Foreign policy and defense
Haiti is a nation in North America. Its capital city is Port-au-Prince. Haiti has been internationally isolated during periods when democracy has been disrupted. However, the country is highly dependent on foreign aid, both for its economy and for its security.
The relationship with the United States is of the utmost importance. US aid is an important part of Haiti’s economy and the US has long been the country’s most important export and import market. Many Haitians travel to the United States, most illegally. Following the severe earthquake in 2010, many Haitians received Temporary Protected Status (TPS), a temporary residence permit for people from countries affected by war or affected by natural disasters. Following Donald Trump’s take-over as President of the United States in 2017, it was decided that this protection status for Haitians was no longer needed and approximately 59,000 Haitians lost their right to reside in the United States. This has been strongly criticized by human rights organizations, which believe that Haiti has no opportunity to receive so many people.
- Countryaah: Overview of business holidays and various national observances in Haiti for years of 2020, 2021, 2022, 2023, 2024 and 2025.
Another problem in American-Haitian relations is Haiti’s role as an intermediary in South American drug exports to the United States.
France’s leading donor
The old colonial power France has in various ways committed to Haiti and played an active role when President Aristide resigned in exile in 2004. Relationships then improved as the transitional government abolished a long-standing Haitian claim for reimbursement of damages from the 19th century to France (see Older history). Other leading donors are Canada and the EU.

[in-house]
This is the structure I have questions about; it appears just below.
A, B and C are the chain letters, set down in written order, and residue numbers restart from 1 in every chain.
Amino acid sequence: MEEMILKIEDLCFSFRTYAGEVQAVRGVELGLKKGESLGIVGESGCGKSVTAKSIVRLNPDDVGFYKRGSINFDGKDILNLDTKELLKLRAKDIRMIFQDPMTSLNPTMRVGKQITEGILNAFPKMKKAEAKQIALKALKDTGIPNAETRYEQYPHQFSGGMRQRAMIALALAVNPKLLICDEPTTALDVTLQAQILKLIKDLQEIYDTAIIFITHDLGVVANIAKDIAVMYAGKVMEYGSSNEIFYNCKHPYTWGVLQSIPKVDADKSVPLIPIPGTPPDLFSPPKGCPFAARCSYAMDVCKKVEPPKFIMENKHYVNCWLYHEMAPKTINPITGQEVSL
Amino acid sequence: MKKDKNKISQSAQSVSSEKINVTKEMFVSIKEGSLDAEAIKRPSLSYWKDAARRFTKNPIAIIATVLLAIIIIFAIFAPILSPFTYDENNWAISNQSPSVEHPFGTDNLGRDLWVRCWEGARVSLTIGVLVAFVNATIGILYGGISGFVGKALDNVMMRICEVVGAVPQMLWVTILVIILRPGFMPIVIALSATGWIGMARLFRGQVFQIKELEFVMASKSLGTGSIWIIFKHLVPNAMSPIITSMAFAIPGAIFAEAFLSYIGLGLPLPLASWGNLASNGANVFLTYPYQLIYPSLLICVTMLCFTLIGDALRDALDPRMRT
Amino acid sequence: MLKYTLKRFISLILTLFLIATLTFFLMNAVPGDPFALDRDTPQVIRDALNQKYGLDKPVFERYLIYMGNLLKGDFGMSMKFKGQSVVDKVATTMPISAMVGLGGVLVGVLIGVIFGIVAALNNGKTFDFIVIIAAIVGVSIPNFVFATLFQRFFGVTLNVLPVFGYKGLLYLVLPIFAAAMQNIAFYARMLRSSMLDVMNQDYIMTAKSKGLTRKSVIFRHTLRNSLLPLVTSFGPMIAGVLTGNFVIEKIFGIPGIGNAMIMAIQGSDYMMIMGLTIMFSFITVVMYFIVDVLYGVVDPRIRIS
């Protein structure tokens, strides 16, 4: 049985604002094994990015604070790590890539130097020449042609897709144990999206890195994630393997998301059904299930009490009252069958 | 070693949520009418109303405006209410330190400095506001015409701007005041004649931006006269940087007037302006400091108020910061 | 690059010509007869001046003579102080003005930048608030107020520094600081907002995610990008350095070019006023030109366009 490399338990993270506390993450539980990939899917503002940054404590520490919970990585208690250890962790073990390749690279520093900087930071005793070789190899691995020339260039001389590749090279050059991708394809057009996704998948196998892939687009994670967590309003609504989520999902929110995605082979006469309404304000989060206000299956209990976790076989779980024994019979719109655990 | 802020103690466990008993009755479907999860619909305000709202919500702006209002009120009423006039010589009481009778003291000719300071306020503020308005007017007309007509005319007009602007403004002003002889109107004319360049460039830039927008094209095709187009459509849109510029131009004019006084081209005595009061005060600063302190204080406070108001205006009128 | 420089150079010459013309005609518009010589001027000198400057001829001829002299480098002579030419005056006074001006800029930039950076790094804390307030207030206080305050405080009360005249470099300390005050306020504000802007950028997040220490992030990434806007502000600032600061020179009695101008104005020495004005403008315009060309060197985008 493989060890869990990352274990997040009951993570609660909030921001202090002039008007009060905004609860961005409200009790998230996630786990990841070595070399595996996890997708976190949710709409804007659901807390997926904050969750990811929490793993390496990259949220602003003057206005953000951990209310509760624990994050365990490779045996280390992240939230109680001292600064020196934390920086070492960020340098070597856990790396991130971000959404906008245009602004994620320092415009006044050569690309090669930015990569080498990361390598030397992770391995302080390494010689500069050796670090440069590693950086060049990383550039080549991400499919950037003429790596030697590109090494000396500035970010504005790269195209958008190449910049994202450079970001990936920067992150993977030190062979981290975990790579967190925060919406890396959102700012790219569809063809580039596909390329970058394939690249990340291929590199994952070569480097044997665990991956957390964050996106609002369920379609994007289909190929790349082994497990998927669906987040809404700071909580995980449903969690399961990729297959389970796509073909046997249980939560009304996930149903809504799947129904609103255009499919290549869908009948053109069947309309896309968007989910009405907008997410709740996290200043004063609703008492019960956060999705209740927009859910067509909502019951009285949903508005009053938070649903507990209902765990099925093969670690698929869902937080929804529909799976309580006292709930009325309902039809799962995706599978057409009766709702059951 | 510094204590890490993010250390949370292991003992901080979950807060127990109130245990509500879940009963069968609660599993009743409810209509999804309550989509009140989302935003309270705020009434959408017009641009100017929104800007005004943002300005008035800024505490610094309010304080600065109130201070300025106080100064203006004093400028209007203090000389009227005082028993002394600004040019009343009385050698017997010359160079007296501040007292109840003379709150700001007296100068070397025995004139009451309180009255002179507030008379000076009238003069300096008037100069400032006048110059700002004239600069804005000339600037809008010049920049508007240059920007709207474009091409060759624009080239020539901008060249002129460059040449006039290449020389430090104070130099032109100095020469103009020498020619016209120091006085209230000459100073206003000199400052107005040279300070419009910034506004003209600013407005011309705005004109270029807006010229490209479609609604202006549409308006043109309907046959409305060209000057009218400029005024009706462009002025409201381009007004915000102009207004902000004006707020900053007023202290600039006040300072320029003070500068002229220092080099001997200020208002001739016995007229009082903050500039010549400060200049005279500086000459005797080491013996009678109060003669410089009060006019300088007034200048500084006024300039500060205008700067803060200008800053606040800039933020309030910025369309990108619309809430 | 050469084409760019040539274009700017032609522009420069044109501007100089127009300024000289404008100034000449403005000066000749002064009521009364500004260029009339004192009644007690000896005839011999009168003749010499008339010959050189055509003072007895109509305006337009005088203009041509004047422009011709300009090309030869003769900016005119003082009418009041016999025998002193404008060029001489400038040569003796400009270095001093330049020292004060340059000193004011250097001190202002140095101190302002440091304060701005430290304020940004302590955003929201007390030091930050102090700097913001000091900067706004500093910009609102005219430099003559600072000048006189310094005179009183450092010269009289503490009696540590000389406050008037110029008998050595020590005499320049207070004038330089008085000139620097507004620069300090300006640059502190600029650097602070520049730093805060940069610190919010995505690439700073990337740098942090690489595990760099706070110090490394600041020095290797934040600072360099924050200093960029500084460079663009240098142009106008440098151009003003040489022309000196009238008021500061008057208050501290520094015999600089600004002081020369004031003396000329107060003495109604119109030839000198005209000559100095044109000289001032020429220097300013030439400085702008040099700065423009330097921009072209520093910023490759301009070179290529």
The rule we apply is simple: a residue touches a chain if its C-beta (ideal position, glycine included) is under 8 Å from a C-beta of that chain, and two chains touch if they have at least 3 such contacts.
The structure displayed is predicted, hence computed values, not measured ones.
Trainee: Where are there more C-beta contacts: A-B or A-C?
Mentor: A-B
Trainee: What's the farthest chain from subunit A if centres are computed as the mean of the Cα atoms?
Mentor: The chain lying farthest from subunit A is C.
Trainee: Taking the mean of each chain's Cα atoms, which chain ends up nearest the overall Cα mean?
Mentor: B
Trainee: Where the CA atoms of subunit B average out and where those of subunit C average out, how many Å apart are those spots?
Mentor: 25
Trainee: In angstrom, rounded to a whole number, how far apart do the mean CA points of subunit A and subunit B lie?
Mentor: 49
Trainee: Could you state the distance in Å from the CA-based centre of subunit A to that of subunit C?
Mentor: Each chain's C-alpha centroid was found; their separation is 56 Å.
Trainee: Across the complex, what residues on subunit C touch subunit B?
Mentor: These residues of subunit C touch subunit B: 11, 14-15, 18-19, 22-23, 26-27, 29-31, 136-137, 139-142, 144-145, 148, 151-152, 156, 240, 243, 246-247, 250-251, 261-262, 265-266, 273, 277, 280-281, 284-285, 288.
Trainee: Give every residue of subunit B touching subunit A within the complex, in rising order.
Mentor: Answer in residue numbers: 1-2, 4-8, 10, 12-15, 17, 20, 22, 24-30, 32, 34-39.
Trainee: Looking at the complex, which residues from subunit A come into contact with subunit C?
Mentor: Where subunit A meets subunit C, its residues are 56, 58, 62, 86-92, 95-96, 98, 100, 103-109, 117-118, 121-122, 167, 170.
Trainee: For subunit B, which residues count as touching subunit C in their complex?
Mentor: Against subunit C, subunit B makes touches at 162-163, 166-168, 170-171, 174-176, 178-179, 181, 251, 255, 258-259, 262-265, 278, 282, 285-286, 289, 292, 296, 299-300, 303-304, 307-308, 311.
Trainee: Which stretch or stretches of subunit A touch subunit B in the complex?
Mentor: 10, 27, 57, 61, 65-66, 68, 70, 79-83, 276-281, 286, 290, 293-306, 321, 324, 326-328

Relations with the neighboring Dominican Republic have at times been tense but improved since the mid-1990s. Many regime opponents from Haiti have moved to neighboring countries during different periods, which sometimes creates conflicts. Near a border town, the Dominican Republic opened a free trade zone in 2002 that provides access to cheap and legal Haitian labor.
Thousands of Haitians go to the neighboring country every year for seasonal work in agriculture or construction, sometimes under slave-like conditions, but many of them are expelled from time to time. Since the introduction of a controversial foreign law by the Dominican Republic in 2015, around 135,000 Haitian migrants were forced to return to Haiti in just one year. Many were deported, others fled after threats and some of them now live in camps under miserable conditions. In mid-2016, however, a bilateral commission was re-established whose purpose was, among other things, to resolve issues related to border trade, transport and migration.
Contacts with other countries in the region have also improved, and in 1996 diplomatic relations with Cuba were resumed after 32 years of interruption. Cuban doctors were sent to Haiti as volunteers and assistance were given in education and industry. Ten years later, an approach was started to Venezuela, which among other things supplies oil at favorable prices (which, however, has failed due to the precarious political-economic situation in Venezuela).
Haiti is one of the shrinking number of small nations that have diplomatic relations with Taiwan instead of the People’s Republic of China, and Taiwan is an important trading partner.